Cheap eats: How to save money but not sacrifice health

Natalya Lowther cuts up a butternut squash for making soup. Using cheap, seasonal ingredients, Lowther stretches her food dollar and maintains a healthy diet.

Natalya Lowther cuts up a butternut squash for making soup. Using cheap, seasonal ingredients, Lowther stretches her food dollar and maintains a healthy diet.

Bargain star: Red Lentils

One ounce has:

97 calories

1 gram fat

3 grams of fiber

7 grams of protein

12 percent of your daily iron

Collards with Lentils, Tomatoes and Indian Spices

1 medium onion, chopped

4 cloves garlic, thinly sliced

2 teaspoons garam masala

1 (15-ounce) can no-salt-added diced tomatoes

1 bunch collard greens, thick stems removed and leaves sliced into 1-inch-thick ribbons

1 cup red lentils

Bring 1/2 cup water to a simmer in a large deep skillet over medium-high heat. Add onion and garlic and cook 5 minutes or until onion is translucent. Stir in garam masala and cook 1 minute. Add tomatoes and their juices with 1 cup water and bring to a boil. Reduce heat to medium-low and stir in collards. Cover and simmer 20 minutes.

Meanwhile, combine lentils and 2 cups water in a medium pot. Bring to a boil. Reduce heat to a simmer and cook about 8 minutes or until lentils are tender. Stir lentils into skillet with collards and serve.

— Recipe from


Helga Barton of Lawrence uses her crock pot to make easy, inexpensive meals.

This winter, struggling Greeks found space in their economy-trashed budgets for a little book called “Starvation Recipes” by Eleni Nikolaidou.

A collection of tidbits from more than 6,000 newspaper articles from 1941-1944, the cookbook has become a sensation in the country, which has been one of the world’s hardest hit in this time of economic recession.

Here in the United States, many Americans are struggling, too, and, as result, changing the way they eat. Or at least trying.

Susan Johnson, extension agent with Douglas County K-State extension, and Nancy O’Connor, director of education and outreach at The Merc, 901 Iowa, field questions day in and day out about how to stretch a food budget. Both have the same answer: Cook, and cook simply.

“The thing I hear so much when I go out and teach is, ‘I can’t afford to eat well.’ And I recognize that not everybody can afford to eat raspberries when they’re not in season or more, maybe, expensive items,” O’Connor says. “But everyone, everyone, can really can afford to eat healthfully, but it requires an investment in time.”

We talked with the two educators as well as with two home cooks well-versed in the ways of getting great nutrition on a budget: Pinwheel Farm owner Natalya Lowther and one of Johnson’s master food volunteers, Helga Barton. The four shared with Go! some fabulous tips for eating well on a budget, avoiding waste and making the most out of your time in the kitchen.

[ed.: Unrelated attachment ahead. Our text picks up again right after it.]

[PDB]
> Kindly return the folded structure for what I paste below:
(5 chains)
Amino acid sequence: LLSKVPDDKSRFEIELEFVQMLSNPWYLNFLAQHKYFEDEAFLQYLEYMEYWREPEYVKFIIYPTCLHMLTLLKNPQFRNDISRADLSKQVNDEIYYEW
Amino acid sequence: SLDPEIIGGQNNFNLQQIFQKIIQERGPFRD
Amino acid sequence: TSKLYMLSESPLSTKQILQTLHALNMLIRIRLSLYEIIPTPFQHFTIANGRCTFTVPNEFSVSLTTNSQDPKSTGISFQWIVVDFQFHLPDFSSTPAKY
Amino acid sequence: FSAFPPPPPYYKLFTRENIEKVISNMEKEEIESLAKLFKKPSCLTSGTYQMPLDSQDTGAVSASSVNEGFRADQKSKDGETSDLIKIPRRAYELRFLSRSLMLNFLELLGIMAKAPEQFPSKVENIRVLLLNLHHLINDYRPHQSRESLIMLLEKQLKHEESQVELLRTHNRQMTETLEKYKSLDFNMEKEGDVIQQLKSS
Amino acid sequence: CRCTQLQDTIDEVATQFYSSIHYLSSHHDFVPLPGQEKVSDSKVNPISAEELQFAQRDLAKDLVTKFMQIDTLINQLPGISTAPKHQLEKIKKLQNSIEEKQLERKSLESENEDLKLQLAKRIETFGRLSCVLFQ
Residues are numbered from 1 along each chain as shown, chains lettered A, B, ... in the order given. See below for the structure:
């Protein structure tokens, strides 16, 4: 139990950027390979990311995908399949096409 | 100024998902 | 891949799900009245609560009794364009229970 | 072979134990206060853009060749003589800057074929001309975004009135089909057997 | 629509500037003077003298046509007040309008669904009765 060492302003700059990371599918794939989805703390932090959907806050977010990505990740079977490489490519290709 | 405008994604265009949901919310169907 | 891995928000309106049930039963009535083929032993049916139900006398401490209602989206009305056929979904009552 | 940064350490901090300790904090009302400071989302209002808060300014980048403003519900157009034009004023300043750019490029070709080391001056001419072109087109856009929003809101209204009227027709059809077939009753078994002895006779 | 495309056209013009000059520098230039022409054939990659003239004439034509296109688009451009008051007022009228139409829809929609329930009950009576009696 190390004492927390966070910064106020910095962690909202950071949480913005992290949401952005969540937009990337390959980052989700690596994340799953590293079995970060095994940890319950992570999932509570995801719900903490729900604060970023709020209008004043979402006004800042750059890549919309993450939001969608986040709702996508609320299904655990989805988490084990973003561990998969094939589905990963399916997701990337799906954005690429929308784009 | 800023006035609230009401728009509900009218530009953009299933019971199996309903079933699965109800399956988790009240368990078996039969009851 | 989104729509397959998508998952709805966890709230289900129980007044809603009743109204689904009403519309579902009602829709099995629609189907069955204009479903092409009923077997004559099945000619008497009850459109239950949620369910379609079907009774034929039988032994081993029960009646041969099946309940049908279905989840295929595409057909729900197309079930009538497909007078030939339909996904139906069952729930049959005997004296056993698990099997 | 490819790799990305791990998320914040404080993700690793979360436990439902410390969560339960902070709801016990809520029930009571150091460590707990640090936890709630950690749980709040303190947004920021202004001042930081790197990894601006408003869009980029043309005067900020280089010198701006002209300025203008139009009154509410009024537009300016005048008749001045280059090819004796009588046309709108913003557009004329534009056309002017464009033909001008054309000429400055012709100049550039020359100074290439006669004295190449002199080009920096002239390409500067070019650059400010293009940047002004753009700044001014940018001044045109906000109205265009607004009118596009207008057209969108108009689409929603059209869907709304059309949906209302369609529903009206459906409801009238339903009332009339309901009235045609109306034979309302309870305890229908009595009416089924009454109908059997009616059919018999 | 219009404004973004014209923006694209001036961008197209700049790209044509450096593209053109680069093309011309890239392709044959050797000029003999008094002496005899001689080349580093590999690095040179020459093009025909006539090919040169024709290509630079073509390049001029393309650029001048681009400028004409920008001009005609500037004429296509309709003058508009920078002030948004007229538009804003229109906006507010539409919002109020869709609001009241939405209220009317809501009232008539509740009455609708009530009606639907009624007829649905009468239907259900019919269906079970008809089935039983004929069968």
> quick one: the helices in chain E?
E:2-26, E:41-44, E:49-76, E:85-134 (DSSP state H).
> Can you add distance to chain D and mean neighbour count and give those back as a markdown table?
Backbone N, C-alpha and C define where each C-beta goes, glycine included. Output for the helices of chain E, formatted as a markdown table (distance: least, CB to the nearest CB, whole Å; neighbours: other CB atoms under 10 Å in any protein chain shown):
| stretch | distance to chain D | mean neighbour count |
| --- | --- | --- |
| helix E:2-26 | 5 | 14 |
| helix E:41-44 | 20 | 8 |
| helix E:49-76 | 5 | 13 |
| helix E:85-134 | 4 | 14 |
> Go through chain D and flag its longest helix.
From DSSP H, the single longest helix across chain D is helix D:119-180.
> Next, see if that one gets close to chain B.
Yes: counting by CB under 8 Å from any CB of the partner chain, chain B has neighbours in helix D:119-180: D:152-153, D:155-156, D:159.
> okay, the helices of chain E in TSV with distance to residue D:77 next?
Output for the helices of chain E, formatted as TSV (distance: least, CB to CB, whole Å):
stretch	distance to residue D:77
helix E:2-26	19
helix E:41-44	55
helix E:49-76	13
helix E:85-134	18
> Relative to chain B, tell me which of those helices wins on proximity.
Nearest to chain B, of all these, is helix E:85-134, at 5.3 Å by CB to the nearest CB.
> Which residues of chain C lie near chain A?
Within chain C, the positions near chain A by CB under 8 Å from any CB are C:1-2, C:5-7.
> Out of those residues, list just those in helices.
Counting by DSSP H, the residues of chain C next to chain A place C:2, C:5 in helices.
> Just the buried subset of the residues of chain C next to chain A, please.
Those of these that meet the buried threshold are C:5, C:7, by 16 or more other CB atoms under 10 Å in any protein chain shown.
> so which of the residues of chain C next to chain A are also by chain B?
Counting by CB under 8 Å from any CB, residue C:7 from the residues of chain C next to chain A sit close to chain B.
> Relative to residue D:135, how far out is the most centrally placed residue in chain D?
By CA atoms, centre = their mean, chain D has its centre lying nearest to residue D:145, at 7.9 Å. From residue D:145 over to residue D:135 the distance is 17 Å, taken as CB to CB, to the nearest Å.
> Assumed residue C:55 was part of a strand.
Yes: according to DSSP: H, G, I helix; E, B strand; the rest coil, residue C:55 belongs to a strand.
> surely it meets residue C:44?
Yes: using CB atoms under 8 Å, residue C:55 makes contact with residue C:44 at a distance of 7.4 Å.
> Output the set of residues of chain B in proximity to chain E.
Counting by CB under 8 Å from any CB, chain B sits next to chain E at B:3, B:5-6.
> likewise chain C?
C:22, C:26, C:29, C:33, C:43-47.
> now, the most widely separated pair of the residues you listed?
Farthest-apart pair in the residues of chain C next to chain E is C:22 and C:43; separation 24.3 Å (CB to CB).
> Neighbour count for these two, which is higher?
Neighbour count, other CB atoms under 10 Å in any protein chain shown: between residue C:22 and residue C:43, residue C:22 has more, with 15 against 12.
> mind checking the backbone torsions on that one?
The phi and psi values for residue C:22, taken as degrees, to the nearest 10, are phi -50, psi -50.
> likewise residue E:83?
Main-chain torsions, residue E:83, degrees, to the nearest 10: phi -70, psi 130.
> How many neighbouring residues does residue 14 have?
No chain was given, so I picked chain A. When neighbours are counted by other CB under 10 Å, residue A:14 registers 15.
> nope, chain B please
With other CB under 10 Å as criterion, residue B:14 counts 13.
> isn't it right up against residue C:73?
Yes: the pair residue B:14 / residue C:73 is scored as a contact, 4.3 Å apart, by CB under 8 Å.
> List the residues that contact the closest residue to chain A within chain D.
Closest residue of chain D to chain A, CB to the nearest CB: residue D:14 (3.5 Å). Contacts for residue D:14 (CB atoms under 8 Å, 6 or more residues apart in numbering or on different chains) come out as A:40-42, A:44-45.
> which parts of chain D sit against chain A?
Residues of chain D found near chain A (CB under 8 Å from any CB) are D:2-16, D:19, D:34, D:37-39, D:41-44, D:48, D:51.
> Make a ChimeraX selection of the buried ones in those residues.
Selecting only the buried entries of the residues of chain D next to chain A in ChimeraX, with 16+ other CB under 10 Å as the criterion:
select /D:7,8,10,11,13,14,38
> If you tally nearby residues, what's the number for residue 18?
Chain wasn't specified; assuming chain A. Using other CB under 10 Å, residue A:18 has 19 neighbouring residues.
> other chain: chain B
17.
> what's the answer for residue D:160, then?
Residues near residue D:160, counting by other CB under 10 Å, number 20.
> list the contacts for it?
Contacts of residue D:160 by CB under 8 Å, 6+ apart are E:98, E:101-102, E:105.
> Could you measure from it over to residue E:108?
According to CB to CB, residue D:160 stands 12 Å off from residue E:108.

Already a cook? Refine yourself

Want to save money on food? Cook it yourself. That tenet is well known. Maybe you started cooking for yourself in the past few years — great. But chances are you can still do more to save money, by refining your technique and giving up ingredients that could be even cheaper.

A prime example? Switching from canned beans to dried beans. Canned beans are cheap, yes, but dried beans are so cheap they’re nearly free.

Learn the art of bulk

Speaking of dried beans, you can find those most cheaply in your grocer’s bulk section. And using the bulk section to your advantage is an important key to eating well on a budget, says O’Connor. An important note: many times “bulk” is only associated with buying a lot when it can be a very helpful way to save money for those who don’t need much.

“There are a lot of advantages to the bulk department. Here’s one thing I see: Sometimes people want to eat more healthfully and they will buy a $4.50 packaged box of something. And then they get it home and they try it and they don’t like it. In the bulk department, experimentation is affordable. Because if you want to try to cook up a new grain or a new kind of rice, you can buy a half a cup of it,” O’Connor says. “And that’s a value.”

“Spend” your time, “shop” your fridge

Yes, cooking dried beans takes time. So does parceling out individual servings from a giant bag of oats (as Lowther does each week), or chopping veggies yourself, rather than buying pre-cut. But if your bank account is suffering, it’s well worth sacrificing your time to eat better, says Lowther. But, she says, you don’t have to give up the rest of your life to eat cheaply and well — just stay organized and plan by opening the fridge door.